SOMA, Turkey - Turkish police put the mining town of Soma on virtual lockdown on Saturday, setting up checkpoints and detaining dozens of people to enforce a ban on protests as rescue efforts following the country's worst industrial disaster ended.
The last two bodies of workers thought still to have been left in the mine were carried out four days after a fire sent deadly carbon monoxide through it. That brought the death toll to 301, Energy Minister Taner Yildiz said.
Hundreds of riot police patrolled the streets while others checked identity cards at three checkpoints on the approach road to Soma, a Reuters witness said. The local governor banned protests in response to clashes a day earlier between police and several thousand demonstrators.
Eight lawyers from the Contemporary Jurists Association, including its leader, were handcuffed and detained during the lockdown on suspicion that they had gone to the town to take part in more protests, the private Dogan news agency reported.
A total of 36 people were arrested and taken to a sports centre in the town where they chanted: "the pressure cannot intimidate us", the agency said. The number of detentions could not immediately be confirmed.
Tuesday's disaster has triggered protests across Turkey, aimed at mine owners accused of ignoring safety for profit, and at Prime Minister Tayyip Erdogan's government, seen as too close to industry bosses and insensitive in its response.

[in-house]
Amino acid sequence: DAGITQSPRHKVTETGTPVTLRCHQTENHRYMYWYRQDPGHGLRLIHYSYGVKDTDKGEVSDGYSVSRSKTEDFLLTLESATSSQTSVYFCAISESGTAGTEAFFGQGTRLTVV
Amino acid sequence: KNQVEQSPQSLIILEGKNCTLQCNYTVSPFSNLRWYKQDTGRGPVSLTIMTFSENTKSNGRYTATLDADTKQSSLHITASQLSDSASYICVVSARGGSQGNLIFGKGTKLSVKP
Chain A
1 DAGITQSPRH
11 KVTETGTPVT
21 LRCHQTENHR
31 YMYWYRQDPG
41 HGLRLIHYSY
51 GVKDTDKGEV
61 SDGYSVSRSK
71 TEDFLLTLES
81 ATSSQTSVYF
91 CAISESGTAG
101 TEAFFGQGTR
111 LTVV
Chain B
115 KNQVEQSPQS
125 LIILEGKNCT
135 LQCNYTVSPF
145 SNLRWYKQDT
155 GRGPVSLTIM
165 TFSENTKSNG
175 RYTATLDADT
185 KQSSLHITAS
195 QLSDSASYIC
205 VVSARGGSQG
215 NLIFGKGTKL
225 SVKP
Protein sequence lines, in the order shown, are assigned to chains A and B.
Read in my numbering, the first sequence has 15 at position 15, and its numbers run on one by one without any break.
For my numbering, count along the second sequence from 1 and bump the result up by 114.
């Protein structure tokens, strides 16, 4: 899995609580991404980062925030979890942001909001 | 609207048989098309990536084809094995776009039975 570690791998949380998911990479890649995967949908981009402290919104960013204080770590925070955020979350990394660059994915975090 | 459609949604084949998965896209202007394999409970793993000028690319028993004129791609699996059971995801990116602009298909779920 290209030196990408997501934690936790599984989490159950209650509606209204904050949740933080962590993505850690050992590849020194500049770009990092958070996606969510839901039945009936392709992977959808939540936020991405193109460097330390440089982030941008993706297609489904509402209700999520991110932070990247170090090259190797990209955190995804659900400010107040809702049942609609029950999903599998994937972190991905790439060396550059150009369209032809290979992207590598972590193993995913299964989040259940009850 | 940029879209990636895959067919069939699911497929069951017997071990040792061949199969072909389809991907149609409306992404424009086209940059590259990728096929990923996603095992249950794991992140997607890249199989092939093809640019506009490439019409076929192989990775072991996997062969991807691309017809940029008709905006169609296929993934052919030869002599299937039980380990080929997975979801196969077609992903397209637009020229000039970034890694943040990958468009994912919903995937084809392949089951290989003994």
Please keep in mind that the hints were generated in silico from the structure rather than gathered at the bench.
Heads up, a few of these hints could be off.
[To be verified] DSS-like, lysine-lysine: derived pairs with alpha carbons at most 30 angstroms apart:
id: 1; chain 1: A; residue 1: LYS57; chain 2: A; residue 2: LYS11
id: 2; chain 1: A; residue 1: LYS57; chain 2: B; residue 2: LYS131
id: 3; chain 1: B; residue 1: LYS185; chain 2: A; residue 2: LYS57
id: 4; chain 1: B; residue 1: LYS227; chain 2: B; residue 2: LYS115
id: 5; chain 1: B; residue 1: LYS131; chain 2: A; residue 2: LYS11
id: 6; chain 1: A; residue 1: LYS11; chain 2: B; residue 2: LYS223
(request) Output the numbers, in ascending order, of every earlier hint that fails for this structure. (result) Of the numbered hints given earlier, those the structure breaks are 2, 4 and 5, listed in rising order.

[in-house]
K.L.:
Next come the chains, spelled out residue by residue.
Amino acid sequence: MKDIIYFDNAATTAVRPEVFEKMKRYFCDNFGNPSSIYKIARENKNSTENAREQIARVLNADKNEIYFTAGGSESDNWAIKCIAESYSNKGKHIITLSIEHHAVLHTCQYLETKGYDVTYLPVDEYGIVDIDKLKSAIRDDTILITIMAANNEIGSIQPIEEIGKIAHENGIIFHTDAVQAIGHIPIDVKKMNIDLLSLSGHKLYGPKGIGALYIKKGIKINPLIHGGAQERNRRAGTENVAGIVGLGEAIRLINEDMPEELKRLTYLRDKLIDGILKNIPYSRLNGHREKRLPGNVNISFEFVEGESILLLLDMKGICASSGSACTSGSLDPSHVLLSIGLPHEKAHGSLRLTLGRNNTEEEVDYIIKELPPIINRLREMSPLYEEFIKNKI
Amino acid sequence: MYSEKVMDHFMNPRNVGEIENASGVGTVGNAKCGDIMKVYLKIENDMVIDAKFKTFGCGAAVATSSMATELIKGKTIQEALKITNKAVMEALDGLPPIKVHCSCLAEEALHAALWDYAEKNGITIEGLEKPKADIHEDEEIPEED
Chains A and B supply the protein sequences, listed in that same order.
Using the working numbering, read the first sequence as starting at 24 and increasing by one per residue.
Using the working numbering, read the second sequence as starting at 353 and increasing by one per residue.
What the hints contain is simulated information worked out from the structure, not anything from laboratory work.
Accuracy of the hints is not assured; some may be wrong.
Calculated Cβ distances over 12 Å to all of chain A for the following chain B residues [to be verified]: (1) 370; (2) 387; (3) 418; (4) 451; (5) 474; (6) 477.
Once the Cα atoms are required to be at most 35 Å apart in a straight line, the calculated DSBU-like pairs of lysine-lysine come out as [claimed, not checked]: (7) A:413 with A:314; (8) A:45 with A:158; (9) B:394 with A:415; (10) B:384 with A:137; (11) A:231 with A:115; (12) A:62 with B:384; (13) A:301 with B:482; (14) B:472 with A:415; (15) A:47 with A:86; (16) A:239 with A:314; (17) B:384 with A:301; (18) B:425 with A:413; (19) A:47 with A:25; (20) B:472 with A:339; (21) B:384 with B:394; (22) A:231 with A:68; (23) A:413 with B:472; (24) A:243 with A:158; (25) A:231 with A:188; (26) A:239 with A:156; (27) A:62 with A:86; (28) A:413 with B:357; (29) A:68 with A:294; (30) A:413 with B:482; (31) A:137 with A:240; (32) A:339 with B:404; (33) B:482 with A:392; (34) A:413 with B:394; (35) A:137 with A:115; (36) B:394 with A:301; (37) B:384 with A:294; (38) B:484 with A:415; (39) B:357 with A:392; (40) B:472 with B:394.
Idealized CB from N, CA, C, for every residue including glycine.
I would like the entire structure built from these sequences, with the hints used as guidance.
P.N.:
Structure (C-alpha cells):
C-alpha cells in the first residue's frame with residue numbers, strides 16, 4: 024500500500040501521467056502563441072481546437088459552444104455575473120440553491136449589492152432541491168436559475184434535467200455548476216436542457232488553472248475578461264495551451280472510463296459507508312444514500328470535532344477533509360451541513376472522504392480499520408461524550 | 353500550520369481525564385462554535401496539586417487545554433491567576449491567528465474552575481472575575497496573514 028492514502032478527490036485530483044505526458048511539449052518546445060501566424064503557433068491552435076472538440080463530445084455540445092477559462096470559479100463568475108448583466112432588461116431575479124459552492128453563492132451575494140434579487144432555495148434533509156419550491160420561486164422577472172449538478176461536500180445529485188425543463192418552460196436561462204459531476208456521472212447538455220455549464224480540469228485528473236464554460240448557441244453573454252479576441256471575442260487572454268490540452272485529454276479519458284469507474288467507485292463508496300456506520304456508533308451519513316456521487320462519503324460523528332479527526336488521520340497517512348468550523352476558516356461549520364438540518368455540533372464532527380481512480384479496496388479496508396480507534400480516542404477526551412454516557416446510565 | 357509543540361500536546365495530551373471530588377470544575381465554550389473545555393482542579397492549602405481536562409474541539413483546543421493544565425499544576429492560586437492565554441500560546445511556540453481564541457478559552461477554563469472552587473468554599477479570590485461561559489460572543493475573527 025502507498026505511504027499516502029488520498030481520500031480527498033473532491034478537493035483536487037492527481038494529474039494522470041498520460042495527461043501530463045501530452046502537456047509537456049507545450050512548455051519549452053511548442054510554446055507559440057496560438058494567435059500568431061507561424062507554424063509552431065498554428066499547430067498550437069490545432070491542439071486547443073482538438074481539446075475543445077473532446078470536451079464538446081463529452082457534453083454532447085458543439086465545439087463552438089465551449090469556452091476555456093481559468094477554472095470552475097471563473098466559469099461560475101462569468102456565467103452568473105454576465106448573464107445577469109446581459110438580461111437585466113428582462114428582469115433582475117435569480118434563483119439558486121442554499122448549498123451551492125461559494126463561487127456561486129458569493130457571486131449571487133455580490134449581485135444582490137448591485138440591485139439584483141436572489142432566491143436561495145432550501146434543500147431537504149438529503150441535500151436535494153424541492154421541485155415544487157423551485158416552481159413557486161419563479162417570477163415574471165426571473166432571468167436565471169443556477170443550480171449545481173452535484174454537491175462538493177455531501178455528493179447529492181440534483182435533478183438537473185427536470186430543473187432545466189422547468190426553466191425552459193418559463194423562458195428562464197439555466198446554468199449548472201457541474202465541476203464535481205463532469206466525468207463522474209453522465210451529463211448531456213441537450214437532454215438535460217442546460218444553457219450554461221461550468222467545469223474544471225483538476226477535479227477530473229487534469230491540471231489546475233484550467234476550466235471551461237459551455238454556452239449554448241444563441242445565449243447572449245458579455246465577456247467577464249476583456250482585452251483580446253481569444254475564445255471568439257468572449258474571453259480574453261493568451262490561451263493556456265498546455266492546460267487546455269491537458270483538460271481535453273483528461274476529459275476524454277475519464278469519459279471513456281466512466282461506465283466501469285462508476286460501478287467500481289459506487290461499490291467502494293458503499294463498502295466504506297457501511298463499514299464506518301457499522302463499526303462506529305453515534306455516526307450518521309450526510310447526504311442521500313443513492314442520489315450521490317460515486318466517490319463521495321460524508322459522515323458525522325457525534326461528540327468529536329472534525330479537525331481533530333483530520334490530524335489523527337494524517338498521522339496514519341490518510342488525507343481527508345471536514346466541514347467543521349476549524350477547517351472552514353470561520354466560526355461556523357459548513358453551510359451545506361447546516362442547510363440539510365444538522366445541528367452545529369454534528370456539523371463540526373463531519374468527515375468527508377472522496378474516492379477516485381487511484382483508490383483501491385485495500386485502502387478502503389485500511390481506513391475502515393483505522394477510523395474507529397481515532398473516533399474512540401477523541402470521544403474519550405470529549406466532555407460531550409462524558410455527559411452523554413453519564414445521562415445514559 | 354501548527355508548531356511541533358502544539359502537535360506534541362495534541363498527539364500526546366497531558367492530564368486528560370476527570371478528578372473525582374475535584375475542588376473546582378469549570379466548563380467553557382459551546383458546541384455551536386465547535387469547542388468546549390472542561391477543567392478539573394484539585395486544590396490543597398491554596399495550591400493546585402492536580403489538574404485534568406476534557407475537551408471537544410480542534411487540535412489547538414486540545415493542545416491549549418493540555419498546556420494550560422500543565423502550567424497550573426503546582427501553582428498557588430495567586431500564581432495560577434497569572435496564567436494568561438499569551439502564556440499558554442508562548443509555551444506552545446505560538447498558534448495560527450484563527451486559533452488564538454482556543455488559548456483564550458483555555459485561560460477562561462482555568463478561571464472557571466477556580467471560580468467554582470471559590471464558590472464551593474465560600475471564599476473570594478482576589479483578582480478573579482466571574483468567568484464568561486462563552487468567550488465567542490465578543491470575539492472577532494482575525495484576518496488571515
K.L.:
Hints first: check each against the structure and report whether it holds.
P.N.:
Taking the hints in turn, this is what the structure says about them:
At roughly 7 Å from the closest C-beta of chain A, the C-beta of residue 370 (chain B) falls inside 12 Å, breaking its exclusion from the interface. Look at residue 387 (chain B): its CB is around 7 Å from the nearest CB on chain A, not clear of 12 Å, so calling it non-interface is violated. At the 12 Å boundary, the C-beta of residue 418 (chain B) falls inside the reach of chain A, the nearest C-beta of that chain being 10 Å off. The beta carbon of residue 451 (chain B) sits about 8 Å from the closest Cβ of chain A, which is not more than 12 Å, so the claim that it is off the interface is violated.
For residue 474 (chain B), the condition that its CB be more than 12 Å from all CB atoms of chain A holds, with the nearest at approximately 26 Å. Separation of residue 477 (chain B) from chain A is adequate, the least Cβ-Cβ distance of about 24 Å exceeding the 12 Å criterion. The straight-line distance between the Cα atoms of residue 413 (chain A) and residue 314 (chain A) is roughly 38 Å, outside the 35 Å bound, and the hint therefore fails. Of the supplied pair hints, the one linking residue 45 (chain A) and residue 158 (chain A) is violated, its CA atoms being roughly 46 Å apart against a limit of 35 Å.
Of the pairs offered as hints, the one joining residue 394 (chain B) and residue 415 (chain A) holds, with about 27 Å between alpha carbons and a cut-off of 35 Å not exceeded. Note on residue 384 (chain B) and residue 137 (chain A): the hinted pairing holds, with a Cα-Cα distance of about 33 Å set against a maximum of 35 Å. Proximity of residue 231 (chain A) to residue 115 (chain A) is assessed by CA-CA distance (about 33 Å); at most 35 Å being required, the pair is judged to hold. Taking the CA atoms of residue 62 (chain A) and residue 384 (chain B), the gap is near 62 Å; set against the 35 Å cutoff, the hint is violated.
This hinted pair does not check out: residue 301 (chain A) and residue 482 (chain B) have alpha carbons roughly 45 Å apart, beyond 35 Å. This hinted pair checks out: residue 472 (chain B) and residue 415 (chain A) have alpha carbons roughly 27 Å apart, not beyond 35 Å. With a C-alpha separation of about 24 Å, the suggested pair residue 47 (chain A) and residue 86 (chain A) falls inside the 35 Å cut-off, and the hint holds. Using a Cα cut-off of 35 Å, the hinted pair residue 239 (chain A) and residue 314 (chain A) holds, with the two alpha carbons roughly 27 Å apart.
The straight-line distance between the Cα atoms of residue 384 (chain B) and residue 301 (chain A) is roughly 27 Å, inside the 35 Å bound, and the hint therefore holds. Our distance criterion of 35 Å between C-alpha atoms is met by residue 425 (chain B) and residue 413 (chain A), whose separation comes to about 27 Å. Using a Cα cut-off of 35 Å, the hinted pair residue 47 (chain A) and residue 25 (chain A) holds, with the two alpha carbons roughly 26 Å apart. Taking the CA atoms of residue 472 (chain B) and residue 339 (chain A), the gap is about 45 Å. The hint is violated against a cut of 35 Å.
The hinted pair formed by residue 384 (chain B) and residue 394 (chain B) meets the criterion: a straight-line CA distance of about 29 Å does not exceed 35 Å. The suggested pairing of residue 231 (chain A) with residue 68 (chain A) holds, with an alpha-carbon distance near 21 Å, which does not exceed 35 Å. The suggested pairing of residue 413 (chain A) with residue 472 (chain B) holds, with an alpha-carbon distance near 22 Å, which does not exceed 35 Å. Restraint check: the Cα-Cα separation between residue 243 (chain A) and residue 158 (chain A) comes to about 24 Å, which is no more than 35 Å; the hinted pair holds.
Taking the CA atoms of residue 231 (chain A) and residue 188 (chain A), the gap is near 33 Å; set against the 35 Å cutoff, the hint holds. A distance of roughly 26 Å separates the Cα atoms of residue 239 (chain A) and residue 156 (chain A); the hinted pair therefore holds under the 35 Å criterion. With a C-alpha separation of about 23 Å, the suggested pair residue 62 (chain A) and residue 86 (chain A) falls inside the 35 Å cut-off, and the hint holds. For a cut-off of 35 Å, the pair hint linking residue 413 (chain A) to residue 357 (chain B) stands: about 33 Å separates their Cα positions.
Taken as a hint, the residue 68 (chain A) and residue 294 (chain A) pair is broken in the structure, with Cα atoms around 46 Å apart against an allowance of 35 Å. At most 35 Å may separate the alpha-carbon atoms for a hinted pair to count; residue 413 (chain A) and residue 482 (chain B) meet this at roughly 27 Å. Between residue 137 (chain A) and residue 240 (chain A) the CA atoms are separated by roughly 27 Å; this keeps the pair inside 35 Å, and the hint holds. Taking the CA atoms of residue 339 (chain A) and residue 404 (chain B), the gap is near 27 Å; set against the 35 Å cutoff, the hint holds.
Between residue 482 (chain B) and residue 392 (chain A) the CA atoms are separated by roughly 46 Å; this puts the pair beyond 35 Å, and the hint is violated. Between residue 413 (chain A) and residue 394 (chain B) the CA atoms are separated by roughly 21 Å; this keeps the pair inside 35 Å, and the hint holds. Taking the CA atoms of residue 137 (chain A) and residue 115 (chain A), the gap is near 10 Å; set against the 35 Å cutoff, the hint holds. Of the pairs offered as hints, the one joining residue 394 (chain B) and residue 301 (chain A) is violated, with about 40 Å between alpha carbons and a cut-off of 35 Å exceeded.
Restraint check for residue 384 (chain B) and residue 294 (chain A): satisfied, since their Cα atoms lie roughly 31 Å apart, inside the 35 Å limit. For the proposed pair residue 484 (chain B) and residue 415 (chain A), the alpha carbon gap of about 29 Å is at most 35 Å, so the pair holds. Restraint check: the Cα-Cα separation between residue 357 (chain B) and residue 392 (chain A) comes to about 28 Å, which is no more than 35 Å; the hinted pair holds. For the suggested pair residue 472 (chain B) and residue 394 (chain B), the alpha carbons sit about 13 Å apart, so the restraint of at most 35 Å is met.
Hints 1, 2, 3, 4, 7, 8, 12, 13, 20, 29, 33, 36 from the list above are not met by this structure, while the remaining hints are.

Erdogan has presided over a decade of rapid economic growth
but worker safety standards have failed to keep pace, leaving Turkey with one of the world's worst industrial accident records. The plant manager denied any negligence at the mine which was inspected by state officials every six months.
Demonstrators clashed with police in the western port city of Izmir overnight, some setting up makeshift barricades and throwing stones and fireworks aimed at the police, Hurriyet newspaper reported. Some 40 people were detained.
There were also protests in Istanbul. Some residents in the city banged pots and pans from their windows, an act which was a feature of last summer's nationwide anti-government unrest.